"Jason goes to Hell" is also incredibly lazy. All "Friday" films, by their very nature, require a leap of faith, but this is really too much. Firstly, this marked the first time that no explanation was given for Mr. Voorhees' reemergence. Were we all dreaming when we watched him get melted down to goo in the sewers of New York City? And what about Jason's rebirth toward the end (the most ridiculous moment of any "Friday" film)? How can a little slimy demon be reborn into a man already wearing ripped clothing and a hockey mask? And what about bounty hunter Creighton Duke? It's never explained how he knows so much about Jason and the mythical circumstances surrounding his life. In each of these instances, there seemingly are no easy answers. So rather than be inventive, the writers just threw all of this at us and hoped we would lap it up like thirsty kittens at a milk dish. This sequel completely ignores the continuity of the Jason legend that had been meticulously built up over the years.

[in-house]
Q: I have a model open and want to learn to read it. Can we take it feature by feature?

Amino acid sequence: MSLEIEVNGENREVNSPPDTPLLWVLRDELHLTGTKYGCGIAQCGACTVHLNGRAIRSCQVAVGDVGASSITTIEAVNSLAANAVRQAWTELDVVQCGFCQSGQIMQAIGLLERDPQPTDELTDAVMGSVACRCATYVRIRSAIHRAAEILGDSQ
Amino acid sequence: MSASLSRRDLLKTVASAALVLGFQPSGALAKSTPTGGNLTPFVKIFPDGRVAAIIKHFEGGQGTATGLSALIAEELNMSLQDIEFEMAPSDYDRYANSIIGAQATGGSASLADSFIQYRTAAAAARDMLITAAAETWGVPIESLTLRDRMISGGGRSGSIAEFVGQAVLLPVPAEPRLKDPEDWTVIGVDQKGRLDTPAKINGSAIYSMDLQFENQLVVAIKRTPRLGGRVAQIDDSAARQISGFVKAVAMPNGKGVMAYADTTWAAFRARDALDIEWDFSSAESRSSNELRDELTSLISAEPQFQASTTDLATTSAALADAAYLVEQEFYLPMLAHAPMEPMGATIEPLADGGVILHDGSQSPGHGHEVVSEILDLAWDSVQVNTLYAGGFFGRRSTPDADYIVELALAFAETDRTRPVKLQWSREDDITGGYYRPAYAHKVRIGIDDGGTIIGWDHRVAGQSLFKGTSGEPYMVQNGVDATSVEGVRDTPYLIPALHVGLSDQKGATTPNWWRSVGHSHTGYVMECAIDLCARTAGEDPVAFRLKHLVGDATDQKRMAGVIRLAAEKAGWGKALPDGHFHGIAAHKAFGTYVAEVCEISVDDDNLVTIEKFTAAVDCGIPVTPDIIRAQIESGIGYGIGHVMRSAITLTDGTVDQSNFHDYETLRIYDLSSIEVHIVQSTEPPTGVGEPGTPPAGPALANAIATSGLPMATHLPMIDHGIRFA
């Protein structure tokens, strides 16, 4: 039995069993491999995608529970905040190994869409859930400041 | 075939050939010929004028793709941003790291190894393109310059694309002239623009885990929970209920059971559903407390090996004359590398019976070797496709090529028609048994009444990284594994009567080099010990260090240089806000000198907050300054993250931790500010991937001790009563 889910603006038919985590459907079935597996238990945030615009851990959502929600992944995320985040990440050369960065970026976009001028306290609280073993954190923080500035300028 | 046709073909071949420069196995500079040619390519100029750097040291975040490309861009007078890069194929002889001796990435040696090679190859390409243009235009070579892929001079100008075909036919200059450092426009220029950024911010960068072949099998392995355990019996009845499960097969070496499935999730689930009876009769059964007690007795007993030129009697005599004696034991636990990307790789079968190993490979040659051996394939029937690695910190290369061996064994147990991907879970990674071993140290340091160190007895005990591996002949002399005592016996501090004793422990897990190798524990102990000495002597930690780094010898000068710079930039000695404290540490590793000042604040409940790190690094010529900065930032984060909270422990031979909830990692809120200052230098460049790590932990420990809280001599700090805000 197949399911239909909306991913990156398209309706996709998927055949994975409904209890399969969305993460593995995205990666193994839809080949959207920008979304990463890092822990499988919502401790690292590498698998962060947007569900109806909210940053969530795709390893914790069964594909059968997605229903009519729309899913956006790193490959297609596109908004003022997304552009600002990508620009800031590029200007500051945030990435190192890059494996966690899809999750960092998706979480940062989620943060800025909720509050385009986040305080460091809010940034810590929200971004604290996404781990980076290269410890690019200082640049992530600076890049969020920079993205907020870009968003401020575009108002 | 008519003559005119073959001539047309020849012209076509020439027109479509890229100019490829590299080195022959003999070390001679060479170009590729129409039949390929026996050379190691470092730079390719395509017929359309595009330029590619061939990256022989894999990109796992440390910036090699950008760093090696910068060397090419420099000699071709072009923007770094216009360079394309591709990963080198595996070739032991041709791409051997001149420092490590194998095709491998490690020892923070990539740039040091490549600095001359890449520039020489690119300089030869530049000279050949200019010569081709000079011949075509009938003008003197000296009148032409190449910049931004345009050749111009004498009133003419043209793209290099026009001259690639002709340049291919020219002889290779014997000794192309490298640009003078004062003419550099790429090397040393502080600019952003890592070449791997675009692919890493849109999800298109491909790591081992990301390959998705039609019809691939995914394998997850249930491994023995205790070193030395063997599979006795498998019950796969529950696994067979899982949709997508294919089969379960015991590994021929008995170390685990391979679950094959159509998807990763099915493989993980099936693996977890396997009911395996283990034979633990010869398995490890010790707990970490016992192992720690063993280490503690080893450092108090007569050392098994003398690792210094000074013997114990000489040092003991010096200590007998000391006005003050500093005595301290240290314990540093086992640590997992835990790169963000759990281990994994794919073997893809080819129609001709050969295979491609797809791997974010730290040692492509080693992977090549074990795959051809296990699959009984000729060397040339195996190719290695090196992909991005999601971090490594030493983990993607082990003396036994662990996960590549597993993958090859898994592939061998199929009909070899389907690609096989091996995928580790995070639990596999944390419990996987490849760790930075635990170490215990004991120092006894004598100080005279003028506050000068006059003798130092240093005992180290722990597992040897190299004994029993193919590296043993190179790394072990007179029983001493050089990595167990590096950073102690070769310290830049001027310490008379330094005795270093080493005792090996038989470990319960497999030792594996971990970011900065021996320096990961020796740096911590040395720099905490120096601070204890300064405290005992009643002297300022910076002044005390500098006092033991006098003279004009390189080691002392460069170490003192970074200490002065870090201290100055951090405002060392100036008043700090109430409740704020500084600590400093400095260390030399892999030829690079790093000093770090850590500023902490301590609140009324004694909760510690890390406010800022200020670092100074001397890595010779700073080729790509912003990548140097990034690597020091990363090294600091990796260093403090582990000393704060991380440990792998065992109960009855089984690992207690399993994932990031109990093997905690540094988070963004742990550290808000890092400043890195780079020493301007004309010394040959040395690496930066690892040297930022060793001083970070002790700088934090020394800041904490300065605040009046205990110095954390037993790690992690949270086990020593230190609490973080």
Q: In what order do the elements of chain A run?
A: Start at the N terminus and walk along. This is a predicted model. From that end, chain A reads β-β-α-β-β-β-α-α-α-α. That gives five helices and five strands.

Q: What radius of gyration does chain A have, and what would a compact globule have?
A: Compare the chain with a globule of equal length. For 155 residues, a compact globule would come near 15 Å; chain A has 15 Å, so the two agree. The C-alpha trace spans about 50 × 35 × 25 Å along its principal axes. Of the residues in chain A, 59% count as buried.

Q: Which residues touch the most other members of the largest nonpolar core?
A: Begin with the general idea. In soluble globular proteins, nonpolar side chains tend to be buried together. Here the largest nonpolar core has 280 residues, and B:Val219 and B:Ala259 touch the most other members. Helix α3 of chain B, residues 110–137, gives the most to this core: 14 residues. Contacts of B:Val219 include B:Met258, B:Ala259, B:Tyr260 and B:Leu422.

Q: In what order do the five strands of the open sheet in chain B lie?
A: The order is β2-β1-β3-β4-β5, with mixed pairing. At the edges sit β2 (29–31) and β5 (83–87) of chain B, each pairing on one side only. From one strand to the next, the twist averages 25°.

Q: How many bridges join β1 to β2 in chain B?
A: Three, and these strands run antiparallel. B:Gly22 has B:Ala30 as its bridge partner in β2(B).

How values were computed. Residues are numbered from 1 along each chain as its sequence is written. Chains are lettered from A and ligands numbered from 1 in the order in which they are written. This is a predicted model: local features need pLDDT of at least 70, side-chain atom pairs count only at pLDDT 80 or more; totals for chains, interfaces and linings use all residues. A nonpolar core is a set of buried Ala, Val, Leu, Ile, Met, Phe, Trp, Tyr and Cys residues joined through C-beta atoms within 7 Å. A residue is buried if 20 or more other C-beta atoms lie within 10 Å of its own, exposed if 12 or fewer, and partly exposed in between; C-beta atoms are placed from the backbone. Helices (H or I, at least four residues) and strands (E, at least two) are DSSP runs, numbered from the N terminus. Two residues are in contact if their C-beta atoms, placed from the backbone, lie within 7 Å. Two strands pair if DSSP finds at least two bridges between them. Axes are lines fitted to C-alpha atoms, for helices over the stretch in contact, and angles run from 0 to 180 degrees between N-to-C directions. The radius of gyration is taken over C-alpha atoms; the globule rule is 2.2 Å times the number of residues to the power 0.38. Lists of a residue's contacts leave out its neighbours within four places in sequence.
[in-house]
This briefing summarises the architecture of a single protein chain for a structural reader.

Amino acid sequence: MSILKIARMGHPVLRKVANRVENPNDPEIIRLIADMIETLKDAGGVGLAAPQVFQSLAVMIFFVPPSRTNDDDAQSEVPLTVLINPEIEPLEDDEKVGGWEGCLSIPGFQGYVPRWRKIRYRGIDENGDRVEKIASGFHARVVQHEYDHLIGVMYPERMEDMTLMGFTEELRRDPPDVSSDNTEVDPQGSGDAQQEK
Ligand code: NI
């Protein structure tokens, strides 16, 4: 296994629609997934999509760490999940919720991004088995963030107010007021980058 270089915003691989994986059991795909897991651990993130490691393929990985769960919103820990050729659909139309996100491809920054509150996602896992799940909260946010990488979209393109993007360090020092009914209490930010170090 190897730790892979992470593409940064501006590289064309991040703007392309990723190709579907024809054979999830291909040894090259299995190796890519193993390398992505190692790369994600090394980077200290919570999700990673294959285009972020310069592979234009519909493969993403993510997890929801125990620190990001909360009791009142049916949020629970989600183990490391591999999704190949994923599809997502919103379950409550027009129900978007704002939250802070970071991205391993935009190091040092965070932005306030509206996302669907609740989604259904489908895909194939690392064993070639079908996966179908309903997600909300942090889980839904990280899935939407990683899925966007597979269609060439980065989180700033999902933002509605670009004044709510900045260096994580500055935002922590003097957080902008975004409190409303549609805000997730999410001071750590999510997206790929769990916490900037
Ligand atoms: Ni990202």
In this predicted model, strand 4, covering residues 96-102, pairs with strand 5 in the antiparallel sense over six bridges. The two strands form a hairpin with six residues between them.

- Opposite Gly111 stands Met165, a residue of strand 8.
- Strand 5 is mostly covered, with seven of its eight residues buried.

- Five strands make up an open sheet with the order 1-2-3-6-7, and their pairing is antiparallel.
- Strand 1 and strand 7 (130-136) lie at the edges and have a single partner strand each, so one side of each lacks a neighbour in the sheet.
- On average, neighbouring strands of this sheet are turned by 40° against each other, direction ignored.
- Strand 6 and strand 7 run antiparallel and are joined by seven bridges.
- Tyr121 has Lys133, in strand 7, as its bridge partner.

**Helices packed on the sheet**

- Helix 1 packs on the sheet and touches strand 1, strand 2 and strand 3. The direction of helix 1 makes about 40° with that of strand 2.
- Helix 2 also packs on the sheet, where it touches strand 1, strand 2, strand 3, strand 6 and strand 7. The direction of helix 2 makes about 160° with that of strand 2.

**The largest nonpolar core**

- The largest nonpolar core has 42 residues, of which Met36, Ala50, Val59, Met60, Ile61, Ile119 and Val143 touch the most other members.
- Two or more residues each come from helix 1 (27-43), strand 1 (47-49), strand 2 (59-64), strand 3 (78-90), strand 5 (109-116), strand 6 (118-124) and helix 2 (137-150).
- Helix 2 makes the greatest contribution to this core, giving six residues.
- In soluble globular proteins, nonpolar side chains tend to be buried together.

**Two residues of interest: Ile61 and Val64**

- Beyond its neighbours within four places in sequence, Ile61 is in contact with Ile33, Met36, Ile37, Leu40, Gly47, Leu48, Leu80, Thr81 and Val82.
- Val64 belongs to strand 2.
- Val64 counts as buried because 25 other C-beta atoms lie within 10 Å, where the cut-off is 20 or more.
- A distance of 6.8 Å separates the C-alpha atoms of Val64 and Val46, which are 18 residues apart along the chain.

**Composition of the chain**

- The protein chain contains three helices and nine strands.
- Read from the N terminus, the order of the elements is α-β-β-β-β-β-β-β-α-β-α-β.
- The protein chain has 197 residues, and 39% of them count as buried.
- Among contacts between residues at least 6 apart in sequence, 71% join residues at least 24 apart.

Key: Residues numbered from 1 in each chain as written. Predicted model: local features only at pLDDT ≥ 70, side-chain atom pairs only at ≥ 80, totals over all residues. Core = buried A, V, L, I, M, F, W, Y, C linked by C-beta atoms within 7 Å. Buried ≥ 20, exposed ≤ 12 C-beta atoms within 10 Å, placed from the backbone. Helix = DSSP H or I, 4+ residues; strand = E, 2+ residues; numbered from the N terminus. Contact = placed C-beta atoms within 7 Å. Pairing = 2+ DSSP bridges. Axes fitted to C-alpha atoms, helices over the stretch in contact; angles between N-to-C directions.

What's equally tragic about "Jason goes to Hell" is its insistence on mocking the series. At one point, John D. LeMay's character sarcastically asks a trio of teens headed for Camp Crystal Lake whether they plan to smoke dope, engage in premarital sex and then get slaughtered. Har har. The transformation of Jason into some kind of media star is just as unnerving. Jason is a legend, a mythical figure whispered about in wildly imaginative campfire stories. Yet this movie turns him into a serial killer so well known he makes the TV tabloids and is targeted by the FBI. This is not the Jason we know, and "Jason goes to Hell" is not the "Friday the 13th" we love. It essentially breaks the fingers of the hand that feeds it.